Email updates

Keep up to date with the latest news and content from Journal of Foot and Ankle Research and BioMed Central.

Open Access Highly Accessed Open Badges Research

Assessment of foot and ankle muscle strength using hand held dynamometry in patients with established rheumatoid arthritis

Matthew Carroll1*, William Joyce1, Angela Brenton-Rule1, Nicola Dalbeth2 and Keith Rome1

Author Affiliations

1 AUT University, Health & Rehabilitation Research Institute, Auckland, New Zealand

2 University of Auckland, Auckland, New Zealand

For all author emails, please log on.

Journal of Foot and Ankle Research 2013, 6:10  doi:10.1186/1757-1146-6-10

Published: 22 March 2013



The foot and ankle are frequently affected in patients with rheumatoid arthritis (RA). One of the negative consequences of RA on the physical function of patients is a decrease in muscle strength. However, little is known about foot and muscle strength in this population. The aim of the study was to evaluate significant differences in foot and ankle muscle strength between patients with established RA against age and sex-matched controls using hand-held dynamometry.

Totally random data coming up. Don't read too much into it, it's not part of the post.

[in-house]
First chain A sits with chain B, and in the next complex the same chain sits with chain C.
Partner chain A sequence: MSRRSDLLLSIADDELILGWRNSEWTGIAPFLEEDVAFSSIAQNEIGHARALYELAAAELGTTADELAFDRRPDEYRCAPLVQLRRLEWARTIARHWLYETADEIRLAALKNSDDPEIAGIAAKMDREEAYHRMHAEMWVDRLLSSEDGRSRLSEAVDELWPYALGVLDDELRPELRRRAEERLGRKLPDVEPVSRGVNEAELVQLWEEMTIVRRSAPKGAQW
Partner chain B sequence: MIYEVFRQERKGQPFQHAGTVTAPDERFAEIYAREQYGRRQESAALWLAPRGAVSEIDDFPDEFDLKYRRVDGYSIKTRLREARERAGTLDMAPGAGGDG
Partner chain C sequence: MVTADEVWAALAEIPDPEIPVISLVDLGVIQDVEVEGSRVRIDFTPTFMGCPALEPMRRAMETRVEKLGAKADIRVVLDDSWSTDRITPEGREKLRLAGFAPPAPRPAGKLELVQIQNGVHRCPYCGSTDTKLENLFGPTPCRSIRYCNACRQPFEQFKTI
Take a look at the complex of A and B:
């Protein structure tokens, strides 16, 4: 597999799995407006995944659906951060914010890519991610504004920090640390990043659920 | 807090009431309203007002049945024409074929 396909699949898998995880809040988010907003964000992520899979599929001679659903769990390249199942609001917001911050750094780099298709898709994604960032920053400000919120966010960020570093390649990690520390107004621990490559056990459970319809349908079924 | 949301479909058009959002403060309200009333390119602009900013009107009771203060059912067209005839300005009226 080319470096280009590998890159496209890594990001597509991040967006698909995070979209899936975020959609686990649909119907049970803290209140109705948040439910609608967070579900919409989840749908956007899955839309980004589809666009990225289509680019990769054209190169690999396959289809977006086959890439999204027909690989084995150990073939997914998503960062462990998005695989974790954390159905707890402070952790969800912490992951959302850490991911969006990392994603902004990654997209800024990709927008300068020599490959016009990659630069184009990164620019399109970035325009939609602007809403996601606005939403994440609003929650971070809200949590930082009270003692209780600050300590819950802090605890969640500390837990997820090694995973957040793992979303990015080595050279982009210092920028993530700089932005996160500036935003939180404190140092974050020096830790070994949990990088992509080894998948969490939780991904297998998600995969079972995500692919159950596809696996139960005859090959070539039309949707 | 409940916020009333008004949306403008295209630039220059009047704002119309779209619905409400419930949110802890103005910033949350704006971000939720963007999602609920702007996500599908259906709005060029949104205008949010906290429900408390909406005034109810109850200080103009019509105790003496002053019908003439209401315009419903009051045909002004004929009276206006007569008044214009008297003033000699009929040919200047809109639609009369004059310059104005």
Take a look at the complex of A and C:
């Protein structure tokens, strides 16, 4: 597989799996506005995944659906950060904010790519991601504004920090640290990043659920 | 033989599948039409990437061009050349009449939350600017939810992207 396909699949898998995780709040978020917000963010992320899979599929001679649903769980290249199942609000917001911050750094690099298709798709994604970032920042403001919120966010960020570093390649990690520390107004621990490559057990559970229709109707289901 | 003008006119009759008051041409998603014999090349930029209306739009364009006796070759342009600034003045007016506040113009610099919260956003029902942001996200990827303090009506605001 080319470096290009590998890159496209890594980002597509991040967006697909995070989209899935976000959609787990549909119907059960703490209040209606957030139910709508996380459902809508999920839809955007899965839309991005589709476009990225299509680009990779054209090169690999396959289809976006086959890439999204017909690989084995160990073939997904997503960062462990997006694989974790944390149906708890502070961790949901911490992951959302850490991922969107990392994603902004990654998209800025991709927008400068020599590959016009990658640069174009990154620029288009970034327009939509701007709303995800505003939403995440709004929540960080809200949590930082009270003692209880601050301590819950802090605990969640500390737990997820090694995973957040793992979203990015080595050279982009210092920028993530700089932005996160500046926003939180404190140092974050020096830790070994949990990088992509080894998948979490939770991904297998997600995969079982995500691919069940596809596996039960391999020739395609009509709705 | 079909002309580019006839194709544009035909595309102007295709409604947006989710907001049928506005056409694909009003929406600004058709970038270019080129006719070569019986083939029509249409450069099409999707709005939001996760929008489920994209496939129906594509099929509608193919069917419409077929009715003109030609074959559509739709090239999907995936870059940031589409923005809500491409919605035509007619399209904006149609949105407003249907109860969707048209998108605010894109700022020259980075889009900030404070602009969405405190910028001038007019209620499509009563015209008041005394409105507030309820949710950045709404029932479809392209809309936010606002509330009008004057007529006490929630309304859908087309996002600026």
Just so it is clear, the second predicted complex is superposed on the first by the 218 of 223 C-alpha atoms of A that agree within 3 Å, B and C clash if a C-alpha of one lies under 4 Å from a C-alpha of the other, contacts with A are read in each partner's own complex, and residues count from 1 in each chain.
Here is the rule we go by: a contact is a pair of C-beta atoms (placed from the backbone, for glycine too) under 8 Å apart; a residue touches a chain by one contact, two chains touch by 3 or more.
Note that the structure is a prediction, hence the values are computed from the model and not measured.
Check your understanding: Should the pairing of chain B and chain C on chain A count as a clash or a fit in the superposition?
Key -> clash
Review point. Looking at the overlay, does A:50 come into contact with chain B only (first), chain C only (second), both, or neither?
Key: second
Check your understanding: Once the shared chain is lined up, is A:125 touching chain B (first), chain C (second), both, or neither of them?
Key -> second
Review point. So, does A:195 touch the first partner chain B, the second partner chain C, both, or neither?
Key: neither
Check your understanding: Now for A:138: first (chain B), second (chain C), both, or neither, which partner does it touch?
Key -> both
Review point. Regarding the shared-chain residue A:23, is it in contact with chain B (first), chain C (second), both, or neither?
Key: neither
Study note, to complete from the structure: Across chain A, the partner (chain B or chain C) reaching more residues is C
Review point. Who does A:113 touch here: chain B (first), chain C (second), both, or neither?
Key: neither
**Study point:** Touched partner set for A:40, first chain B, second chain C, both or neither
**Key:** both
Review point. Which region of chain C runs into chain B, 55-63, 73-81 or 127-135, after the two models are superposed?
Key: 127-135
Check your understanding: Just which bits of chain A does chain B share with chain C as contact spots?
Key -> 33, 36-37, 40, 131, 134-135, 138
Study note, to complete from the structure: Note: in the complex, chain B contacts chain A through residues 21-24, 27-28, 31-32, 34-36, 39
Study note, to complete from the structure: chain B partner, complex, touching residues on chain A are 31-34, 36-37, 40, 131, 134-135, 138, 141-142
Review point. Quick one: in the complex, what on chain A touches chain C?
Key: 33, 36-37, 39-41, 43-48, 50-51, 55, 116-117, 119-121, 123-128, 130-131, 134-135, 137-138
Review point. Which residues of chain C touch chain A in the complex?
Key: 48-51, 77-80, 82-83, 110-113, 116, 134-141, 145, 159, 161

The maximal muscle strength of ankle plantarflexion, dorsiflexion, eversion and inversion was assessed in 14 patients with RA, mean (SD) disease duration of 22 (14.1) years, and 20 age and sex-matched control participants using hand-held dynamometry.


Significant differences were observed in muscle strength between the two groups in plantarflexion (p = 0.00), eversion (p = 0.04) and inversion (p = 0.01). No significant difference was found in dorsiflexion (p > 0.05). The patients with RA displayed a significantly lower plantarflexion-dorsiflexion ratio than the control participants (p = 0.03).


The results from this study showed that the RA patients displayed a significant decrease in ankle dorsiflexion, eversion and inversion when compared to the non-RA control group suggesting that foot and ankle muscle strength may be affected by the pathological processes in RA. This study is a preliminary step for the measurement of muscle impairments within the RA population.